Retirement advice: an art or a science? One of the reasons advice at retirement is so complicated is that there are a lot of technical and behavioural factors to take into account. That is why it is so difficult to automate this kind of advice.
Because retirement planning must take account of factors such as behavioural bias and emotional attachments, it is important clients play an active part in the process. What may seem irrational to a technically minded adviser may be perfectly rational to a client who makes emotionally charged decisions.
Just look at some of the reasons why steelworkers wanted to transfer their pensions or why so many others want to cash in theirs. In both cases the lack of trust in the scheme, employer or pension company was a major factor.
With this in mind, one of the most important skills advisers need is the ability to manage a client’s behaviour, making sure they see both sides of the argument.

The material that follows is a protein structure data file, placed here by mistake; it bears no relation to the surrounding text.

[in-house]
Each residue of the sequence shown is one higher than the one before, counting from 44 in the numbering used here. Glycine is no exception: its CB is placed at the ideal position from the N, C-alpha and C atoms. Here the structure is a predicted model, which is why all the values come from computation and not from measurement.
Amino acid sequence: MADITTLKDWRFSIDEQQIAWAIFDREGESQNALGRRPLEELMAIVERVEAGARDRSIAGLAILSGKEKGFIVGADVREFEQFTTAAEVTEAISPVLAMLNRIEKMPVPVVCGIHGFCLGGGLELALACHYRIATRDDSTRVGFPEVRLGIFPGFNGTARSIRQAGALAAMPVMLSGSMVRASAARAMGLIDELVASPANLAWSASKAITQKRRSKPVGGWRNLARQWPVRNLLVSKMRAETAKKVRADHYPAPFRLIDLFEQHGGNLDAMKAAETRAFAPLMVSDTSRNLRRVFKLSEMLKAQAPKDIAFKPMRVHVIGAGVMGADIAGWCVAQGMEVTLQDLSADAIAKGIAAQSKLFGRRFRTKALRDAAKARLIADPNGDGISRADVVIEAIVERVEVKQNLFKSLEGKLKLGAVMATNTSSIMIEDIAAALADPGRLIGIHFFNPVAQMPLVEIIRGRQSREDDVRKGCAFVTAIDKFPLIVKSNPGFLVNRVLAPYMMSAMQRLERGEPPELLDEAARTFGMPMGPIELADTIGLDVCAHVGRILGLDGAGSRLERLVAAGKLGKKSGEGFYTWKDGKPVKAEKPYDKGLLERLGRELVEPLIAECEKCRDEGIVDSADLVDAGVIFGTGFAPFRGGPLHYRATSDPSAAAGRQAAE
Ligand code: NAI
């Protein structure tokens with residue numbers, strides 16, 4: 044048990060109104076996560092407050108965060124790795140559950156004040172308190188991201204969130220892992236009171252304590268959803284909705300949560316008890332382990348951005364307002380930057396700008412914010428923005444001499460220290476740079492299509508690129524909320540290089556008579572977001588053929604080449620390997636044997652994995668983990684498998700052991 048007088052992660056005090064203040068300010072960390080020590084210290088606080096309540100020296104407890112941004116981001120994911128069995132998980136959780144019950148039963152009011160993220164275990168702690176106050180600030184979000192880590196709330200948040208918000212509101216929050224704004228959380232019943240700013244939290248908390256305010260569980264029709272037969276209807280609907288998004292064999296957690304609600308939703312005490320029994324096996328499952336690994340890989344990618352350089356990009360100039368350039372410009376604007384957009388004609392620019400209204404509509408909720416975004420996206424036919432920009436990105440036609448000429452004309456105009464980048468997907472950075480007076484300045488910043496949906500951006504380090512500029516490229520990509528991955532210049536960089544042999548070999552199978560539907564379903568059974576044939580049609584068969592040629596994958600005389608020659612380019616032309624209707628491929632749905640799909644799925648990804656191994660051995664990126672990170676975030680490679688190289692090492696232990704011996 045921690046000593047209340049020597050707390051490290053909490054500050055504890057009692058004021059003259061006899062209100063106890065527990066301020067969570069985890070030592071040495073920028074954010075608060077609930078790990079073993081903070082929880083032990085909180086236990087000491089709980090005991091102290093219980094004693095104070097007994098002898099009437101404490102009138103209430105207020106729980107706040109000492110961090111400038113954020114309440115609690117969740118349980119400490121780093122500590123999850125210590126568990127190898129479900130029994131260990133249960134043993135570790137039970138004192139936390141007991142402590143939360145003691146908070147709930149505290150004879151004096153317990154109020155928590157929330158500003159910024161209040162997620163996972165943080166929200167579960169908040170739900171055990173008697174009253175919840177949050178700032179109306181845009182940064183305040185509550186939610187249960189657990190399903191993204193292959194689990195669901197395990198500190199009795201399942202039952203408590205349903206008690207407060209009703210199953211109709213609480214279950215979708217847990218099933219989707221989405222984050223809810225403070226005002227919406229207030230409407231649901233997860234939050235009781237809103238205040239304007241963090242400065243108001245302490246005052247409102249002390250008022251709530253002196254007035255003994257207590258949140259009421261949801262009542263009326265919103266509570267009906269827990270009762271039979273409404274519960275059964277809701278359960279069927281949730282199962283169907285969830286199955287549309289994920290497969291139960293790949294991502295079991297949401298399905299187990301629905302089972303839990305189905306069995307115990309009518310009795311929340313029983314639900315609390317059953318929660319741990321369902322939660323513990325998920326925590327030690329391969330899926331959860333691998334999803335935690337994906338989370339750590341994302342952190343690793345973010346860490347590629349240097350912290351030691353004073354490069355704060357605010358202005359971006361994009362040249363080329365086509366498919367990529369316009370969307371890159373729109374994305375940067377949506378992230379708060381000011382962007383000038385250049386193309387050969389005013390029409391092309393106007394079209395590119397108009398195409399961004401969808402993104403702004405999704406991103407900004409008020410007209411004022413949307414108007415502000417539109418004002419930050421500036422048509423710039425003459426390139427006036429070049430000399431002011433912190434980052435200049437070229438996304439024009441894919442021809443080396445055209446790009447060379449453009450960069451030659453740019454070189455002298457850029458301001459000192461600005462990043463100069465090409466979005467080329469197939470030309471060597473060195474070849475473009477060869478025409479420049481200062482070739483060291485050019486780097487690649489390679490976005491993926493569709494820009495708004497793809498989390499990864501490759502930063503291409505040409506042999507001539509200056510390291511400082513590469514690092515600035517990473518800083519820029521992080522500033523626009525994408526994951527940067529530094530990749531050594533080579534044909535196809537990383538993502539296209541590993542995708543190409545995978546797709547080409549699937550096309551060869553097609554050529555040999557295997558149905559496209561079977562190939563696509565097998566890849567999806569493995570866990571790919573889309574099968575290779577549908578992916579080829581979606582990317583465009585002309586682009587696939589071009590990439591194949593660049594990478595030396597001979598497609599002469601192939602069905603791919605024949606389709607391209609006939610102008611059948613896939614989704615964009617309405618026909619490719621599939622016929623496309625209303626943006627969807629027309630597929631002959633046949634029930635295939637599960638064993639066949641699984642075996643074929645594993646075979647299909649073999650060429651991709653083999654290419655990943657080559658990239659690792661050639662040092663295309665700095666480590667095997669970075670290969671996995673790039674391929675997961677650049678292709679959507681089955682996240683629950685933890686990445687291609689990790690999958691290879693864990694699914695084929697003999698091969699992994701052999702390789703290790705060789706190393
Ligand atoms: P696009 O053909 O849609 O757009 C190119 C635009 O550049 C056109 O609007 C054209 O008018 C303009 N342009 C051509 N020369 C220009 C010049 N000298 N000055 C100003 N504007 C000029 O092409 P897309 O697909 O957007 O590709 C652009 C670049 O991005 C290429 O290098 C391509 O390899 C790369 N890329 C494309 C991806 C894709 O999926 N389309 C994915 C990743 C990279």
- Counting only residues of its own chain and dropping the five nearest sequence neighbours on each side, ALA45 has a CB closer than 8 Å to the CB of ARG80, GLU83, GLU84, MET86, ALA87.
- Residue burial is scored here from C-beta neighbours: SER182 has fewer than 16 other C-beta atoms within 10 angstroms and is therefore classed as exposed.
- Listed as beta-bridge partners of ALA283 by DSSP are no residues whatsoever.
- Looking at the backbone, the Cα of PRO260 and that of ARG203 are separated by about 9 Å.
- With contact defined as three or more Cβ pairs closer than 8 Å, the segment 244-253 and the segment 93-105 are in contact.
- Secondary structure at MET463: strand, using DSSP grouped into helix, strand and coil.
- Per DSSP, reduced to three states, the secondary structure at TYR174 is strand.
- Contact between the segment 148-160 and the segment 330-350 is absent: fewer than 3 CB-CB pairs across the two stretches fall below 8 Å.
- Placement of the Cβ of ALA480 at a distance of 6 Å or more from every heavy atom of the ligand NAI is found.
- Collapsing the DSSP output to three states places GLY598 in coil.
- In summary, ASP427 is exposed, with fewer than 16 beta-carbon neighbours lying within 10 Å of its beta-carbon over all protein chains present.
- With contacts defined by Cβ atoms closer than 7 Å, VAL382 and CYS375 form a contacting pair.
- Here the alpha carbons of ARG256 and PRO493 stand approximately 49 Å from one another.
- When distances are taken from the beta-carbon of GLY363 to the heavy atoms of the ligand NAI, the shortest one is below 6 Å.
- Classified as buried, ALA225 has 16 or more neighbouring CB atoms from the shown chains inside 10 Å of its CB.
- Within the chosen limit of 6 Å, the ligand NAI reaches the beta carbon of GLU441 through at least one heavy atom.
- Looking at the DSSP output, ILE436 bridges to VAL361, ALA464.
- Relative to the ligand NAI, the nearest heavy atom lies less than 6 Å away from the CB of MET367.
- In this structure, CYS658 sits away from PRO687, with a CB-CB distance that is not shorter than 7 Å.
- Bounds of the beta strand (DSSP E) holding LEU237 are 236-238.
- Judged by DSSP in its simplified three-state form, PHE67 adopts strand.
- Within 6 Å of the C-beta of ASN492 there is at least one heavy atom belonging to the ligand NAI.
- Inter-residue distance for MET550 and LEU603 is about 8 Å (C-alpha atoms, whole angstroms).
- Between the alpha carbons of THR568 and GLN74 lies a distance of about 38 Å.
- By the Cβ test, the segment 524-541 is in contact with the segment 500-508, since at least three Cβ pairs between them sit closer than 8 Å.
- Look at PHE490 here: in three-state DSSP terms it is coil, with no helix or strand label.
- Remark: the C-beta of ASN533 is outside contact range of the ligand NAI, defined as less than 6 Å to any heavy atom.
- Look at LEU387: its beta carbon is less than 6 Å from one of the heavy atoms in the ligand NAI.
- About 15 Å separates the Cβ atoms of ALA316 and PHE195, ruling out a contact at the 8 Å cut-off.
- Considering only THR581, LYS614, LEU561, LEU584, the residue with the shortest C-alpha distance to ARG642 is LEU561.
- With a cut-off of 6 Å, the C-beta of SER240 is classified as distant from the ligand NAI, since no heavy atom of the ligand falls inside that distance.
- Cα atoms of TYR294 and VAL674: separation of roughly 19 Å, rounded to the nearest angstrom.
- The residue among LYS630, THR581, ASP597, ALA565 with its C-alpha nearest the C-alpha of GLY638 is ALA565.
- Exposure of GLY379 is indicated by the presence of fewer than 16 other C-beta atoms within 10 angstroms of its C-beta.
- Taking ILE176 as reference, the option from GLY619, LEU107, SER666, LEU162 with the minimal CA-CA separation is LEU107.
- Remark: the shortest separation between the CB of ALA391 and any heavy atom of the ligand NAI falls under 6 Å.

Advice is not necessarily like the doctor-patient relationship, where the symptoms are analysed and a diagnosis given. Advice is a logical decision-making process, where both adviser and client are actively involved.
One of the problems is that, while advisers are trained to make good decisions, clients often have little experience or knowledge of converting pension pots into cash and income. They need a lot of help to understand the key issues. Advisers cannot necessarily tell people what the right answer is because there is often a range of suitable solutions.
So they must make sure the client has enough information to play an active part in the decision-making process.
I am not saying a client’s personal preferences should override the expert opinion of an adviser. I am just saying advisers must sometimes balance what the best technical solution is with what the client feels most comfortable with.
Those advisers with the right mix of technical and personal skills will be in high demand. Many people will need a great deal of help in overcoming the behavioural biases that may prevent them from getting the best outcomes if trying to do it themselves.
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William Burrows is retirement director at Better Retirement